CfM Student Yangcheng Li Graduates with PhD

CfM Student Yangcheng Li Graduates with PhD

CfM researcher and UNCC Dr. Yangcheng Li successfully defended his Dissertation "Giant resonant light forces, spectrally resolved optical manipulation, and coupled modes of microcavity arrays." Under the direction of his advisor Dr. Vasily Astratov, Professor, Department of Physics & Optical ScienceDr. Li graduated May 2015 with his PhD in Optical Science & Engineering. 

Title:Microspherical photonics: Giant resonant light forces, spectrally resolved optical manipulation, and coupled modes of microcavity arrays.

Abstract:



Microspherical photonics emerged in recent years in the context of fundamentally new optical properties of structures formed by coupled dielectric microspheres. These include coupling between whispering gallery modes (WGMs), photonic nanojets, nanojet-induced modes, resonant light pressure and optical super-resolution effects. The bottleneck problem in this area is connected with size disorder of individual microspheres which leads to optical losses and degraded performance of coupled devices.

In this dissertation novel resonant propulsion of dielectric microspheres is studied with the goal of sorting spheres with identical resonances, which are critical for developing microspherical photonics. First, evanescent field couplers were developed by fixing tapered microfibers in mechanically robust platforms. The tapers with ~1 µm waist diameter were obtained by chemical etching techniques. Using these platforms, WGMs modal numbers, coupling regimes and quality factors were determined for various spheres and compared with theory. Second, the spectroscopic properties of photonic molecules formed by spheres sorted by individual characterization with better than 0.05% uniformity of WGM resonances were studied. It was shown that various spatial configurations of coupled-cavities present relatively stable mode splitting patterns in the fiber transmission spectra which can be used as spectral signatures to distinguish such photonic molecules. The third part of the dissertation is devoted to the observation and study of giant resonant propulsion forces exerted on microspheres in the evanescent microfiber couplers. This effect was observed in suspensions of polystyrene spheres with sufficiently large diameters (D > 10 µm). By integrating optical tweezers for individual sphere manipulation, the wavelength detuning between a tunable laser and WGMs in each of the spheres was precisely controlled. Resonant enhancement of optical forces was directly demonstrated in experiments. The spectral shape, position and magnitude of the observed propulsion force peaks were explained by efficient transfer of light momentum to microspheres under resonant conditions. The peak magnitude of the resonant force is shown to approach total absorption limit imposed by the conservation of momentum. The transverse movement of the spheres during the propulsion process was studied and the existence of a stable radial trap was demonstrated. Giant resonant propulsion forces can be used for large-scale sorting of microspheres with ultrahigh uniform resonant properties.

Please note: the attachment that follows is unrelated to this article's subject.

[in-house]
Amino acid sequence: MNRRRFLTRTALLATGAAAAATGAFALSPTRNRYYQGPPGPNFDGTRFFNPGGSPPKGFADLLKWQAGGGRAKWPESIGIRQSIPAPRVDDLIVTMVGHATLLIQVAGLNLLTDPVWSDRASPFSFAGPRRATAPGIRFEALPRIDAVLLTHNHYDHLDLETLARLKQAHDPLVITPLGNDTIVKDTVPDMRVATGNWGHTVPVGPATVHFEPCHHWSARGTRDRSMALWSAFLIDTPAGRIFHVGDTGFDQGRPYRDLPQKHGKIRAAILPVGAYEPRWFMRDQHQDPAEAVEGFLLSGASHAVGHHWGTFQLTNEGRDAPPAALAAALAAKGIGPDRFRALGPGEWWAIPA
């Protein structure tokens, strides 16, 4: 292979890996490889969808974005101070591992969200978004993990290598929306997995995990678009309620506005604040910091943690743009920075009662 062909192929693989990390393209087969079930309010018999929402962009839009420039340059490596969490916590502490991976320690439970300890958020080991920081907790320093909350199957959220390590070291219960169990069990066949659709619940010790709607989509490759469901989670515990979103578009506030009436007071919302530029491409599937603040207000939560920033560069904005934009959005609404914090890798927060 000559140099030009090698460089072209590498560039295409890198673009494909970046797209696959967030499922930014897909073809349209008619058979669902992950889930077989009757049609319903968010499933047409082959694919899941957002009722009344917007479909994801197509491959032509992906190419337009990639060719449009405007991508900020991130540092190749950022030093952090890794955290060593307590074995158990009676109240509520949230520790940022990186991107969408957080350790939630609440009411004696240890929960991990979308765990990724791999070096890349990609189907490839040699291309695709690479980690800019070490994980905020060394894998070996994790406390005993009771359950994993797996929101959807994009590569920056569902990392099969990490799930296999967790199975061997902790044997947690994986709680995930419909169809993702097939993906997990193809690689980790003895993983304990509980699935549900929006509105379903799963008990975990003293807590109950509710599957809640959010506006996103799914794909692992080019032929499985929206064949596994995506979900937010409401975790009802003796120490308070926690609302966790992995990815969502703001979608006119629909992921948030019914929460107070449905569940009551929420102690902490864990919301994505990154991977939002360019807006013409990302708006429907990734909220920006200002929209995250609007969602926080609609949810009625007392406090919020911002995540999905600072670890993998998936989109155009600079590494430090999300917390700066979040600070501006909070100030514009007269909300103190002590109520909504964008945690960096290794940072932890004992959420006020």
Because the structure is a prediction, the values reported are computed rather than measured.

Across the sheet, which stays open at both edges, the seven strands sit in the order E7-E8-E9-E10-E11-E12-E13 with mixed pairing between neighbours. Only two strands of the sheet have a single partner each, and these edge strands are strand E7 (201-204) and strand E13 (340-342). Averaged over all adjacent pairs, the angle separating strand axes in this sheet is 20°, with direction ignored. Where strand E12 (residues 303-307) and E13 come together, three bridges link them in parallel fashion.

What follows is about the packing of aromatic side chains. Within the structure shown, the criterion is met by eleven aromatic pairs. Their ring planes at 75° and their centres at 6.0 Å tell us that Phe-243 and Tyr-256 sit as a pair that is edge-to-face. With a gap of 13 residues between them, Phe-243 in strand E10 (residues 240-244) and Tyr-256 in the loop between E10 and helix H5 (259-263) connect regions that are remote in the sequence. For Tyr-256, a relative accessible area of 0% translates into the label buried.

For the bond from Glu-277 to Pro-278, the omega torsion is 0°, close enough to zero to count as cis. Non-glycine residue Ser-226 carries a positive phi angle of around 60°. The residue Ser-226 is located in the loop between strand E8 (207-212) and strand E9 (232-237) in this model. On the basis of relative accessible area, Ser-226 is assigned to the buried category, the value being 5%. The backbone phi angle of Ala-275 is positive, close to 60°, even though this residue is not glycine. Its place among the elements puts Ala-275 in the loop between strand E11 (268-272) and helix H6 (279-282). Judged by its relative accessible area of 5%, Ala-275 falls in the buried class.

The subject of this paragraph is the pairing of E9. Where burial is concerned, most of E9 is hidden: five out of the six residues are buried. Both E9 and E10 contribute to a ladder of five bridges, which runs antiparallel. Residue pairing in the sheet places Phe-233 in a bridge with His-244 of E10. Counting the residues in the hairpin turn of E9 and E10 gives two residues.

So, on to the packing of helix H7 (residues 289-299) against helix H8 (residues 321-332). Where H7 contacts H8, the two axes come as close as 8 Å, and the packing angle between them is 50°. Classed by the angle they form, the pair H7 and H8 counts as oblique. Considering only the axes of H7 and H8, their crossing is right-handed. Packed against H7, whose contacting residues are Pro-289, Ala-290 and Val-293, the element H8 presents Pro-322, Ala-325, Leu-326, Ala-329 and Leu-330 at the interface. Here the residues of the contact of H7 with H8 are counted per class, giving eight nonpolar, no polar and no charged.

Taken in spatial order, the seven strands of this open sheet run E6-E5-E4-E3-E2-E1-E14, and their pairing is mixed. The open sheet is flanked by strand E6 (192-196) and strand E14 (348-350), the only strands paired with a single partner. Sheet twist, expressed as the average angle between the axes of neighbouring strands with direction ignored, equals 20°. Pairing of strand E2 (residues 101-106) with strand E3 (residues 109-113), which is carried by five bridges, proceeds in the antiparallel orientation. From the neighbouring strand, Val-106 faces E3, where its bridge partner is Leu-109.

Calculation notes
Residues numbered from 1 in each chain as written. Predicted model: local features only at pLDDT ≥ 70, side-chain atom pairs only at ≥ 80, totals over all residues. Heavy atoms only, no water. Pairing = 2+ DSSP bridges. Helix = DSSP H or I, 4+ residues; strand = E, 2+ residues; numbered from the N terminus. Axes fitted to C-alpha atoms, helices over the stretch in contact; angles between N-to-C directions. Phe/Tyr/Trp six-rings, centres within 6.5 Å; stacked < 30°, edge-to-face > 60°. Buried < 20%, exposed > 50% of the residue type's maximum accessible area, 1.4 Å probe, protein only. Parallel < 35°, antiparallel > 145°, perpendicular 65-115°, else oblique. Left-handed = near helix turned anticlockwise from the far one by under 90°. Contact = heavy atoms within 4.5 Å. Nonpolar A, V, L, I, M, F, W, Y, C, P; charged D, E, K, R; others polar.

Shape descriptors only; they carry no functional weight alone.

If a list of publications is needed, you could refer to my google scholar profile:

http://scholar.google.com/citations?user=b0cGiacAAAAJ&hl=en

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